Rock is Dead! Songs by Todd Rundgren, the Knack, Elvis Costello, others: Gimme Five

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To celebrate October, autumn and U2’s recent marketing fiasco, here’s a few songs about the death of everyone’s favorite bad penny, rock ‘n’ roll — unless they’re about something else:

“POP IS DEAD,” THE KNACK (ZOOM, 1998): “I wonder what they’ll say, years from now?” opens Doug Feiger’s pop gem from Zoom (reissued with bonus tracks in 2003 as Re-zoom). It was yet another attempt at a failed Knack comeback. More recently and more unfortunately, lead singer/songwriter/spokesman Feiger himself passed away in 2010. The song holds up well, though; even 20 years after their chart-topping album Get the Knack, it’s written and sung with all the happy power pop abandonment of their best work. It’s hard not to fall in love with the sing along chorus, “Pop is dead — bring your shovel.”

“THE DEATH OF THE ROCK AND ROLL,” TODD RUNDGREN (INITIATION, 1975): This cut from Initiation is supposedly about the critical reviews he received for his previous two solo albums. He makes his claim for artistic integrity with “I thought we was supposed ta be free, but we all got sold — it must be the death of rock and roll” and finishes with the eerily prescient comment on the state of the music industry nearly 40 years later: “Nobody paid, nobody played, nobody stayed … just my lonely guitar.”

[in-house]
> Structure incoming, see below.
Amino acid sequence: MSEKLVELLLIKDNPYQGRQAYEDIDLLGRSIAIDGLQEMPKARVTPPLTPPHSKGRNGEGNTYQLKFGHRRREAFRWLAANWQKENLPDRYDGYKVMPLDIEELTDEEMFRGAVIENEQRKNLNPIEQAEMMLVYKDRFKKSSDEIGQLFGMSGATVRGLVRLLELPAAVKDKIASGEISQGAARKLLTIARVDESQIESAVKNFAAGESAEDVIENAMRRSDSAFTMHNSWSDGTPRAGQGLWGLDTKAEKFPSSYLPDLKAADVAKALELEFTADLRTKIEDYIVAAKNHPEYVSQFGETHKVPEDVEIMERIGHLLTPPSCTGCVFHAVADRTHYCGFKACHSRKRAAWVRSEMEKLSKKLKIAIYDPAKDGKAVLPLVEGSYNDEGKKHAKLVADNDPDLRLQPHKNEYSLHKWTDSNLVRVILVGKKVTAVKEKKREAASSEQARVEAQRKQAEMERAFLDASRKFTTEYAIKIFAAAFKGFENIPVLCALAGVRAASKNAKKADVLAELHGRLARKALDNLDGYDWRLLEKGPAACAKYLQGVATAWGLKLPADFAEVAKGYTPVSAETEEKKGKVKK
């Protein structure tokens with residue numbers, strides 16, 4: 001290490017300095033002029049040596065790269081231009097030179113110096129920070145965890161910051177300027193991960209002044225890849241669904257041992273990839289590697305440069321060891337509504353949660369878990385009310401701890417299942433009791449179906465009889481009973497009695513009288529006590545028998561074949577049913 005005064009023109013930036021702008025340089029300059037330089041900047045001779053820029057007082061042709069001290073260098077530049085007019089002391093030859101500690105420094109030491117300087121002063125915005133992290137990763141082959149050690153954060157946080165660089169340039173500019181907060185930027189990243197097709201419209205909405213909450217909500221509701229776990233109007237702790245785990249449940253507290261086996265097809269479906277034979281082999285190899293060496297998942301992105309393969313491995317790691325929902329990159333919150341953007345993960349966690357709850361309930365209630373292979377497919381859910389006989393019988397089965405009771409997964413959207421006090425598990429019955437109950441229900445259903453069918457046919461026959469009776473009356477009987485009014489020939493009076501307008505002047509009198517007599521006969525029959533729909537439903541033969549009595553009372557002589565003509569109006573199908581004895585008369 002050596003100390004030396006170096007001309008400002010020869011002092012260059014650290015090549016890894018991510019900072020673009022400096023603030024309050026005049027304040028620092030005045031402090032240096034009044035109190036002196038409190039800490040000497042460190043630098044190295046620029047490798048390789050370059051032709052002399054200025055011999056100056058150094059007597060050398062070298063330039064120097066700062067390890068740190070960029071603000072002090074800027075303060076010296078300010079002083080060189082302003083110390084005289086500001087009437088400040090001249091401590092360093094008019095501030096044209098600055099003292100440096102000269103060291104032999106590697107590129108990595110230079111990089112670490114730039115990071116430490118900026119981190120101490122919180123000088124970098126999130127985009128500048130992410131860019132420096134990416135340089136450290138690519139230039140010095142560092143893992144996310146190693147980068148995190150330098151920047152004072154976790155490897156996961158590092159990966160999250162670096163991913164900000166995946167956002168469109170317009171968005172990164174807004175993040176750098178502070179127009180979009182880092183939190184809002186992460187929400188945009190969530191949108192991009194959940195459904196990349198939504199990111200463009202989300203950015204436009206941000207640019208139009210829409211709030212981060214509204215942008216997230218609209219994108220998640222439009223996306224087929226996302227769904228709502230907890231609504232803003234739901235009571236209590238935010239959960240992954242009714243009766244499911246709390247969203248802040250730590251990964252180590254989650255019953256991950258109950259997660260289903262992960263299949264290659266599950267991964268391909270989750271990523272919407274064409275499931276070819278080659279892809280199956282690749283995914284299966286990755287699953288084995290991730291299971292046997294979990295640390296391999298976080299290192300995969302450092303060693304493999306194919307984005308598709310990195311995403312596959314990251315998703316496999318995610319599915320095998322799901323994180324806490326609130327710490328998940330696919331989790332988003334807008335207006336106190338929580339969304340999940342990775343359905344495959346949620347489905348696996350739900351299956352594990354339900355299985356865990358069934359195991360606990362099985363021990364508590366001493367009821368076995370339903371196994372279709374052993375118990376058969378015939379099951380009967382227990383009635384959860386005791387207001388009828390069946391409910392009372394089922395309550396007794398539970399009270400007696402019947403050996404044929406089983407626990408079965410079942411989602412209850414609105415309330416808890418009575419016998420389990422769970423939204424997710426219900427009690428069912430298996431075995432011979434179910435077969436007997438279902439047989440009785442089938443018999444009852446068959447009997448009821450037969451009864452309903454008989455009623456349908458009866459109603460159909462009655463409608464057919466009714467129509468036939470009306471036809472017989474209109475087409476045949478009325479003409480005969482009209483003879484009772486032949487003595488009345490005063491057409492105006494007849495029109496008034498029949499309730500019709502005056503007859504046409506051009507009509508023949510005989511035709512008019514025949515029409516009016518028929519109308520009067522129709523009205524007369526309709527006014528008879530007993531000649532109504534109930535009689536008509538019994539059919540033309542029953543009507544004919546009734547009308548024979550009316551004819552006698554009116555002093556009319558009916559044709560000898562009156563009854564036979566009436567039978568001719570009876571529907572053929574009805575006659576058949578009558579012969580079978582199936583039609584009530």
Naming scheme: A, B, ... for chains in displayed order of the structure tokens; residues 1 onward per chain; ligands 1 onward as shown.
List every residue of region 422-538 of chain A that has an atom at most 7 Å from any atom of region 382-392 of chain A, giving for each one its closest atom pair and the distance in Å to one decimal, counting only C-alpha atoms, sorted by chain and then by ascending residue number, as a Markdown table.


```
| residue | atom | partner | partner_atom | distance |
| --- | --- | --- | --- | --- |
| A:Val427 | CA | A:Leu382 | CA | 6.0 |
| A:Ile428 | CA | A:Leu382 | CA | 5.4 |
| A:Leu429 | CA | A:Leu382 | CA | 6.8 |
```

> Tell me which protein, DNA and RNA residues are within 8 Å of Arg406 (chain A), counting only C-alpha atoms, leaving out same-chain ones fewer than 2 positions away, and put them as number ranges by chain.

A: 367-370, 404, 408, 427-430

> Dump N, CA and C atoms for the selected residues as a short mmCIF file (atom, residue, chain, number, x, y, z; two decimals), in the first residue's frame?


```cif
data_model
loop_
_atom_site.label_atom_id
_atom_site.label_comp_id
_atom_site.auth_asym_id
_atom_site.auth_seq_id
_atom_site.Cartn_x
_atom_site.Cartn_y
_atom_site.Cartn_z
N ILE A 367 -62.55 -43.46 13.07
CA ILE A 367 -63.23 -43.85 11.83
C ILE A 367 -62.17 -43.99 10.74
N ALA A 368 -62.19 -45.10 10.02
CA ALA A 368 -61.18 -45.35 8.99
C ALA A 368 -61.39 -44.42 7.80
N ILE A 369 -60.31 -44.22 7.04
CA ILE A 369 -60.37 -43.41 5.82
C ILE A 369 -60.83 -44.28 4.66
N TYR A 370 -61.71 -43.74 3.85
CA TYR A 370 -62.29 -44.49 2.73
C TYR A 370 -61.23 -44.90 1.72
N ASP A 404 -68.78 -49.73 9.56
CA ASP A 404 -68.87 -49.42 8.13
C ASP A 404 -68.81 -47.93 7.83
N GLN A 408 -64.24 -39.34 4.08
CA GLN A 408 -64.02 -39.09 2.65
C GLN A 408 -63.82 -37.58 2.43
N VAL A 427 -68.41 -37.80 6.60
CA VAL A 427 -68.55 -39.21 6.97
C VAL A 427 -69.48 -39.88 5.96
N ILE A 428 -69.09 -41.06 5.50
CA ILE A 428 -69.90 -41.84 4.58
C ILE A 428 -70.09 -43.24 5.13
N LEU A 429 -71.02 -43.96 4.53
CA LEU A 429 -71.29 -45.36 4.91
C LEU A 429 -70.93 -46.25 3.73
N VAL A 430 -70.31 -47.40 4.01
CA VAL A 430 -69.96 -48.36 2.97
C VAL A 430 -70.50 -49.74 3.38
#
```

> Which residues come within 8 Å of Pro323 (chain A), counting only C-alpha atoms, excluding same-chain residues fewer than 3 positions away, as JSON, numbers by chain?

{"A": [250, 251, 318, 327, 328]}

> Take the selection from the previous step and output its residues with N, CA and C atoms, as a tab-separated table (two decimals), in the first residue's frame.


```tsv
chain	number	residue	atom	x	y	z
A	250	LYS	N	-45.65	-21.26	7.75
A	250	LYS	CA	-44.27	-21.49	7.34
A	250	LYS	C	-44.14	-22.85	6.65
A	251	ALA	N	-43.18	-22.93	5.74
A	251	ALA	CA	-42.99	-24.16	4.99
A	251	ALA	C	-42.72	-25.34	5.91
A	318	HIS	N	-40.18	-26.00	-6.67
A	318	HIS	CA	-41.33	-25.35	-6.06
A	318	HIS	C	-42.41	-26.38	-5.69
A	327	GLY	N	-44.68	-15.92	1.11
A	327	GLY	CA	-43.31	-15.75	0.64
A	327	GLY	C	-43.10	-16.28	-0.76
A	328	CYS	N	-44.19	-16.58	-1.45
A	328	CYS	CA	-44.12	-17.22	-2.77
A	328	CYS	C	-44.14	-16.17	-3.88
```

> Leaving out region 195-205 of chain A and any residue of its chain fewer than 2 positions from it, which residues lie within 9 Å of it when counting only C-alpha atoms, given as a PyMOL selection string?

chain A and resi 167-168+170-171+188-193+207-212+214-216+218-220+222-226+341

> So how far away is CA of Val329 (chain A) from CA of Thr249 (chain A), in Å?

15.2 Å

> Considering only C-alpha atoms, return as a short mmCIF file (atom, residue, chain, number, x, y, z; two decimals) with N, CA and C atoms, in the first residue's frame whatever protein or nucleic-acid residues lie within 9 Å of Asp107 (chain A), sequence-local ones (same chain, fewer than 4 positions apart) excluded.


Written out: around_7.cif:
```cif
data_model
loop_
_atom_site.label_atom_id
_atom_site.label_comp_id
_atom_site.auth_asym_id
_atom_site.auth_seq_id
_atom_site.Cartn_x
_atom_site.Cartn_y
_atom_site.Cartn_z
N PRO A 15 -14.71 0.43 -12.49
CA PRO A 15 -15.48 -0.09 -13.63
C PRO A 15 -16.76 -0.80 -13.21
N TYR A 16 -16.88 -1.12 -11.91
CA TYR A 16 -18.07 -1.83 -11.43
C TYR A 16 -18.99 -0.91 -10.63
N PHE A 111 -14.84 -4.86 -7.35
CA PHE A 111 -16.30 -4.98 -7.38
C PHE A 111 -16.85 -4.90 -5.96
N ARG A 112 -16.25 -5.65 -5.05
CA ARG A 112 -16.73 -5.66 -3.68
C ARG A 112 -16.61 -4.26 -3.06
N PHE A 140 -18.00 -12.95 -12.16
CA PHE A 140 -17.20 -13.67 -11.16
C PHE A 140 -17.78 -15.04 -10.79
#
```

“I AM THE WALRUS,” THE BEATLES (MAGICAL MYSTERY TOUR, 1967): The lads from Liverpool had a number of death-related songs (“Run for Your Life,” “Tomorrow Never Knows,” and “Maxwell’s Silver Hammer” to name a handful), but really, any Beatles’ tune can be included with the list of rock ‘n’ roll death songs just because of the whole Paul thing.

“NEXT TIME ‘ROUND,” ELVIS COSTELLO AND THE ATTRACTIONS (BLOOD AND CHOCOLATE, 1986): Here’s another upbeat, toe-tapping tune, cheerful — perhaps because of the implied second chance for a relationship gone sour, or on another level, an allegory for reincarnation as opposed to eternal demise. “You used to take the breath out of me; now I think you’ll be the death of me,” concludes the last verse in typical Costello style, and finishes most ambiguously on a chorus of: “You’ll be in some sputnik baby but I’ll be underground, the next time ’round.” Gee, Elvis — is that a good thing? And for whom?

“ROCK AND ROLL IS DEAD,” THE RUBINOOS (THE RUBINOOS, 1977): Clocking in at under three minutes, there’s not a lot of time to wax philosophical. So, it’s all pretty straightforward from the spoken intro “Turn it down!” to the final chorus of “Rock and roll is dead and we don’t care — ooooh!” Sometimes the end comes quickly, indeed.

JC Mosquito

JC Mosquito

JC Mosquito spends most of his day keeping the wolves from the door. When he's not occupied with this pastime, he's interested in all things rock and roll -- which may or may not have died back in the late 1950s, the late 1970s, or the early '90s, depending on who you believe. Contact Something Else! at reviews@somethingelsereviews.com.
JC Mosquito
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